Our school (CAFFE) and girls in STEM
Girls and boys coding Arduino boards at CAFFE
What’s the secret to encouraging more girls to study STEM subjects? I have no magic solution but I can say that at our school (CAFFE) over 60% of the students are female. We haven’t carried out any in depth, serious research into this so I can only speak from personal experience.
I grew up playing (and making) computer games, firstly with a Commodore 64 and later with an Amiga. There was very little computer education in school and when there was, it was often at a very basic level. I remember trying to write an English essay with one of these old word processor machines -it looked a bit like this:
Image from: https://bbs.boingboing.net/t/the-hemingwrite-retro-word-processor-with-cloud-backup-and-google-docs-integration/44098
It was so awkward that I vowed I would never use a computer to type an essay ever again! For me, computers were about games and fun, not work.
Lots of kids talked about playing computer games at my school but I don’t remember any of them being girls. It just seemed natural that boys played computer games and girls didn’t. I even remember we played a version of ‘Just a Minute’ in class where you got to pick a topic for someone else to speak about for sixty seconds. My friend and I purposefully picked computers as a subject for one of the girls (let’s call her Sarah) as we knew she wouldn’t be able to do it. I have a vivid recollection of Sarah standing up and saying, “This isn’t fair, I don’t know anything about computers, they’re for boys.”
It had just become a fact of life for me that computers were a boy thing. It wasn’t that I would have objected if a girl had liked computers, it just seemed unlikely that she would. It wasn’t only me, who held this opinion, however, Sarah also saw computers as something ‘for boys’.
Fast forward to 2011, Dhaka, Bangladesh. My friend Kobir and I were just opening up our charity computer school, CAFFE. As a way to find students, we had joined forces with another organisation that was teaching sewing skills to girls (I guess we could ask why they weren’t teaching sewing to boys but I don’t want to get side tracked!) Some of the girls also brought their brothers along to learn but as a result, our first ever intake consisted of more girls than boys.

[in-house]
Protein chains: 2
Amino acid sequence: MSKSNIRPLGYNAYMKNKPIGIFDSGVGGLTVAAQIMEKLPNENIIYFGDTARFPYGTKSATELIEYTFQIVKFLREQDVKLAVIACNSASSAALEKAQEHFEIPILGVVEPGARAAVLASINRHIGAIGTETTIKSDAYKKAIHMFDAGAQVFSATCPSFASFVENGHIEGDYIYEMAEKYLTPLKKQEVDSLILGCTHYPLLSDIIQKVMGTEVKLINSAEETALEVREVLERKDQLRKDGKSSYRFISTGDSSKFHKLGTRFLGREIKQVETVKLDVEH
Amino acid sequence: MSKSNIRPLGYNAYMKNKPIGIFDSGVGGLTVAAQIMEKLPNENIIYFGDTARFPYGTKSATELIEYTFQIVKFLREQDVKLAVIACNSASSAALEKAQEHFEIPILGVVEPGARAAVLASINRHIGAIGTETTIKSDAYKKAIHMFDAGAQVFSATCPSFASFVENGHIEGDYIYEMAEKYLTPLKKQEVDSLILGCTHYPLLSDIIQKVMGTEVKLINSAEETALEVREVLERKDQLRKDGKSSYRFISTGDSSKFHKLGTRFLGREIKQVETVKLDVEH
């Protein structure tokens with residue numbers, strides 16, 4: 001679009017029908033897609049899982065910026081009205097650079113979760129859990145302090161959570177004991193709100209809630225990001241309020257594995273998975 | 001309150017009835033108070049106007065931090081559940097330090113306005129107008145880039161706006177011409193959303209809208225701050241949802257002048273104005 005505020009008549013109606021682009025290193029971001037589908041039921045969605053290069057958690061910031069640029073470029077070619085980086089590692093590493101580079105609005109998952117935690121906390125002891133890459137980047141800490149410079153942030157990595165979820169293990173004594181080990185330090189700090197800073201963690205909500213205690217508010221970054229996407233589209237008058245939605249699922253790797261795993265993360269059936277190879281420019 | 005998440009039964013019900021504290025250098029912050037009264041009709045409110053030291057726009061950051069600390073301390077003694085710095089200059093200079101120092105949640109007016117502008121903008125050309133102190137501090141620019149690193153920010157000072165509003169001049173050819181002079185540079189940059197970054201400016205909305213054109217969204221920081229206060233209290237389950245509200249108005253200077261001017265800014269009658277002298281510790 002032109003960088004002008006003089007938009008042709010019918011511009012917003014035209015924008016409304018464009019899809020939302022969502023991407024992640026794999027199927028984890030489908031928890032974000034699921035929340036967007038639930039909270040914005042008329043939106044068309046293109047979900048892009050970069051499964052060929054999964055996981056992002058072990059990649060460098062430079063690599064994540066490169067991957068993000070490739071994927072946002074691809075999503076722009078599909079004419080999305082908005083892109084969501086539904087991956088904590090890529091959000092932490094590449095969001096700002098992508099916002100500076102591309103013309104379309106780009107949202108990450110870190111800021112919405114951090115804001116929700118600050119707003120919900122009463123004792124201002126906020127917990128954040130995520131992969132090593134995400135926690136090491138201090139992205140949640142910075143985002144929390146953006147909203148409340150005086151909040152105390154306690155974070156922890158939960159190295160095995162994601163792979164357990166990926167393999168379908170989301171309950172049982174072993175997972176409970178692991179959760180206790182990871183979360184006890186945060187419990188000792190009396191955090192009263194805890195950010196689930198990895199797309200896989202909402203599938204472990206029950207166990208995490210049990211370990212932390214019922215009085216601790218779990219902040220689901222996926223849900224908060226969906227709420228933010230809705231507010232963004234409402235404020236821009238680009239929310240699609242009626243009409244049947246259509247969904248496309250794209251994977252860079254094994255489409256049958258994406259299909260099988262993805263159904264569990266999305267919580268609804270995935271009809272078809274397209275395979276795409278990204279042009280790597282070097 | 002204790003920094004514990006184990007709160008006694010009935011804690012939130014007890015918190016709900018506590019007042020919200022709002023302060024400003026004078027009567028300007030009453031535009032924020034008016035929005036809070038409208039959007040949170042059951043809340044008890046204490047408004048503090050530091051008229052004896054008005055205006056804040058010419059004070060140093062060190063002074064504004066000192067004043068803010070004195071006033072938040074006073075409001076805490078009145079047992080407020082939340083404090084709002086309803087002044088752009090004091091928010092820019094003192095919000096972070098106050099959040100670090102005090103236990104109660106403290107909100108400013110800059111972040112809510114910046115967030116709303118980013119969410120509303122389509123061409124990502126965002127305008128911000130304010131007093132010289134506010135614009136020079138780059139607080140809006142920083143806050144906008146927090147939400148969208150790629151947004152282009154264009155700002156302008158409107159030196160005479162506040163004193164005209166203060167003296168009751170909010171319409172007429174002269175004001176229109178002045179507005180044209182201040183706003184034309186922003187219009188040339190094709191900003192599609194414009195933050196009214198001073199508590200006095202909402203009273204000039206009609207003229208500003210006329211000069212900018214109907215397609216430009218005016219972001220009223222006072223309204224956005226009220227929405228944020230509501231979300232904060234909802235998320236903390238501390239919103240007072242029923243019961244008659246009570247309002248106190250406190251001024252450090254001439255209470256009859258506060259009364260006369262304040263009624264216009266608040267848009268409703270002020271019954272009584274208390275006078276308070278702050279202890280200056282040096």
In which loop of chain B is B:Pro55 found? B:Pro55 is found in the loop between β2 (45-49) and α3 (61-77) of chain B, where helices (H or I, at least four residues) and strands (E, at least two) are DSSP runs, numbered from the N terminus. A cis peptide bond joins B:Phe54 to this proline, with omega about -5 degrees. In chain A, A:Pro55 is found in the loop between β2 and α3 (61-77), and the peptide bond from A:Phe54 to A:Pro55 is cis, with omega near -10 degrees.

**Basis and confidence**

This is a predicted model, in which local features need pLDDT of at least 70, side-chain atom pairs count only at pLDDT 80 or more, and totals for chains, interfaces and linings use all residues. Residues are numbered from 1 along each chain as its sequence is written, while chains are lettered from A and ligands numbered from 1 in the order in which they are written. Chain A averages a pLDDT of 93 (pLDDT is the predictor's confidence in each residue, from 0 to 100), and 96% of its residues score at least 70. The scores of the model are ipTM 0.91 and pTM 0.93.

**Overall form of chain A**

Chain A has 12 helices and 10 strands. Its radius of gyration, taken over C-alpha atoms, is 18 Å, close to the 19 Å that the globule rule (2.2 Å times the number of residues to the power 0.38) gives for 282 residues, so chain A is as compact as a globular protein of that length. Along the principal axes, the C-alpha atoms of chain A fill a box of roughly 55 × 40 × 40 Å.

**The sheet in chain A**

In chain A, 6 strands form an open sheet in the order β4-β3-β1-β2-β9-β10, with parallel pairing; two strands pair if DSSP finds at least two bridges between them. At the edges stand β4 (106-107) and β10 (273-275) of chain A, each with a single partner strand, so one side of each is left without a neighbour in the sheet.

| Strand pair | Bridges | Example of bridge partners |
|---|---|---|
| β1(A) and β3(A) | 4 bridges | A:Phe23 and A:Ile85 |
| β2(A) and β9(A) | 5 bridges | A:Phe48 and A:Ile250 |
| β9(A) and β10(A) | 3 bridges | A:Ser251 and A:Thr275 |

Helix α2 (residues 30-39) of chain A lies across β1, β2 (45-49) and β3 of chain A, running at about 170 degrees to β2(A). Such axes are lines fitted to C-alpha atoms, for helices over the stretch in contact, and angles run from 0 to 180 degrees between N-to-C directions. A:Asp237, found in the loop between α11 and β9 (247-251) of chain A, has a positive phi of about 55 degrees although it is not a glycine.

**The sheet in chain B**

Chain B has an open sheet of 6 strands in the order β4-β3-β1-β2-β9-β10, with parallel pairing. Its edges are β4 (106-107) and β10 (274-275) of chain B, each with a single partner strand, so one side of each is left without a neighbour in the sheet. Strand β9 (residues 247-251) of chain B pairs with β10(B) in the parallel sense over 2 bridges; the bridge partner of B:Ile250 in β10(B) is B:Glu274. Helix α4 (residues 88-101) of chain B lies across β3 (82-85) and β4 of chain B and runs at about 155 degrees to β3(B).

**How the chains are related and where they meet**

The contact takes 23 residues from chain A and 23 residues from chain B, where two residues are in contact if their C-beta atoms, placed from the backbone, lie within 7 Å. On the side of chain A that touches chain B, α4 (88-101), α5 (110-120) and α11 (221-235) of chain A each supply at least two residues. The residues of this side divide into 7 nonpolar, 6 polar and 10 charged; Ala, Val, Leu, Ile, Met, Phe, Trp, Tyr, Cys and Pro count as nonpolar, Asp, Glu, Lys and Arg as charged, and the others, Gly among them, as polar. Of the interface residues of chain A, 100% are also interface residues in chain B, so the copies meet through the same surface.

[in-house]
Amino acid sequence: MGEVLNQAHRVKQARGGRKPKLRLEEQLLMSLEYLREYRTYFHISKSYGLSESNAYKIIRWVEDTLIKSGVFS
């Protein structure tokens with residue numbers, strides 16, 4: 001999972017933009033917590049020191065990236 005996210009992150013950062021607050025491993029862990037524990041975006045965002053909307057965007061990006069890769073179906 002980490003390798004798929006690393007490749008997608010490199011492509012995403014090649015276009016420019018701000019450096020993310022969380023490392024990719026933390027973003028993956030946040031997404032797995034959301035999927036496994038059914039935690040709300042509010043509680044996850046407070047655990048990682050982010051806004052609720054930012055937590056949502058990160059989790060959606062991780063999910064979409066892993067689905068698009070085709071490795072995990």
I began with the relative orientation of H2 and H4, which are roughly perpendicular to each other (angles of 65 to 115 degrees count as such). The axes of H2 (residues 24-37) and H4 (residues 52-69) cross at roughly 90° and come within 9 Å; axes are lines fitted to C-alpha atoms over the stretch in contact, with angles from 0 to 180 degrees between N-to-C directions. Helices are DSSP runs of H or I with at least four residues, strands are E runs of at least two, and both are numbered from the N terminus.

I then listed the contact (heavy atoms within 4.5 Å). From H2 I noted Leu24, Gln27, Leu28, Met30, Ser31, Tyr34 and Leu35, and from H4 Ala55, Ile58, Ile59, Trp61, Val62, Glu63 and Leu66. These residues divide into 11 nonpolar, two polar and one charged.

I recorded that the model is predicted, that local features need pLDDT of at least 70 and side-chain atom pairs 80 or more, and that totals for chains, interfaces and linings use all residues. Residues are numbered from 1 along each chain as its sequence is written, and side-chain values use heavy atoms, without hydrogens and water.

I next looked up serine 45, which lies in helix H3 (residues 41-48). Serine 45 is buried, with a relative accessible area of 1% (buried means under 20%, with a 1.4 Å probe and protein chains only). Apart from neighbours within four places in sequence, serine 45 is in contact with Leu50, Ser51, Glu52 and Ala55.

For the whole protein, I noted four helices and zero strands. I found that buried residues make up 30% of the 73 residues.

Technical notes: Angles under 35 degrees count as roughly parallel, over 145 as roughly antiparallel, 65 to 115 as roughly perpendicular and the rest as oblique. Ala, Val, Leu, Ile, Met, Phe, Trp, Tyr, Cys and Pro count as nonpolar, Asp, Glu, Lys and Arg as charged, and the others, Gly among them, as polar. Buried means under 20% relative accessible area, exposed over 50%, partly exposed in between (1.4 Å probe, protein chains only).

Photo Credit : Computers Are Free For Everyone
I quickly realised that due to the fact that none of our students had ever had access to computers before there was no pre-conceived idea of computers being ‘for boys’; computers were just a thing to learn how to use. In time, we grew and took on more students; naturally the girls invited other girls and over the years, we have always had a good balance of male and female students. One thing we did notice was that the drop-out rate was higher for boys than it was for girls, so in our older classes we ended up with a lot more girls than boys. Interestingly, by the time we look at the students who have been with us the longest and have shown the most interest and talent for the subjects we teach, things seem to even out again.
I guess, in conclusion, all of this points to the fact that there is no innate reason why STEM subjects should be dominated by men. Our experience in Bangladesh shows that given a clean slate, where there is no cultural baggage associated with computers there is very little difference between men and women when it comes to either enrolment in computing subjects or performance. It also helped that from day one, we had a large number of girls enrolled who acted as role-models to other girls in the community who then wanted to join our school.
The situation in Bangladesh is clearly very different to the situation in many western countries and we certainly face our own challenges. Sadly, it is still the case that many girls are either not allowed to attend our school or even if they have attended for many years may not be in a position to make the best use of the skills they have learned. One of our most upsetting cases involves a 16-year-old girl who was one of the most talented coders I have ever taught at CAFFE. We had planned to offer her a job as a part-time teacher and she herself spoke of wanting to set up her own business one day. All of these hopes were dashed, however, after she was suddenly engaged to be married and her fiancé would no longer allow her to either study at CAFFE or work. The impact this has had on her life is devastating but it will also affect the opportunities that her children will have in life too.
Roxsana (Right) taking part in a mobile game coding jam
In spite of this, there is still hope and in the coming days we will be sharing an article written by one of our early students, Roxsana, who is now a teacher at the school. Her life has been transformed by the opportunities she has received. So much so that she has become the main bread winner in the family. The journey hasn’t been easy though, it’s taken hard work and dedication but as Roxsana put it:
“Nothing is impossible in life, you just need persistence.”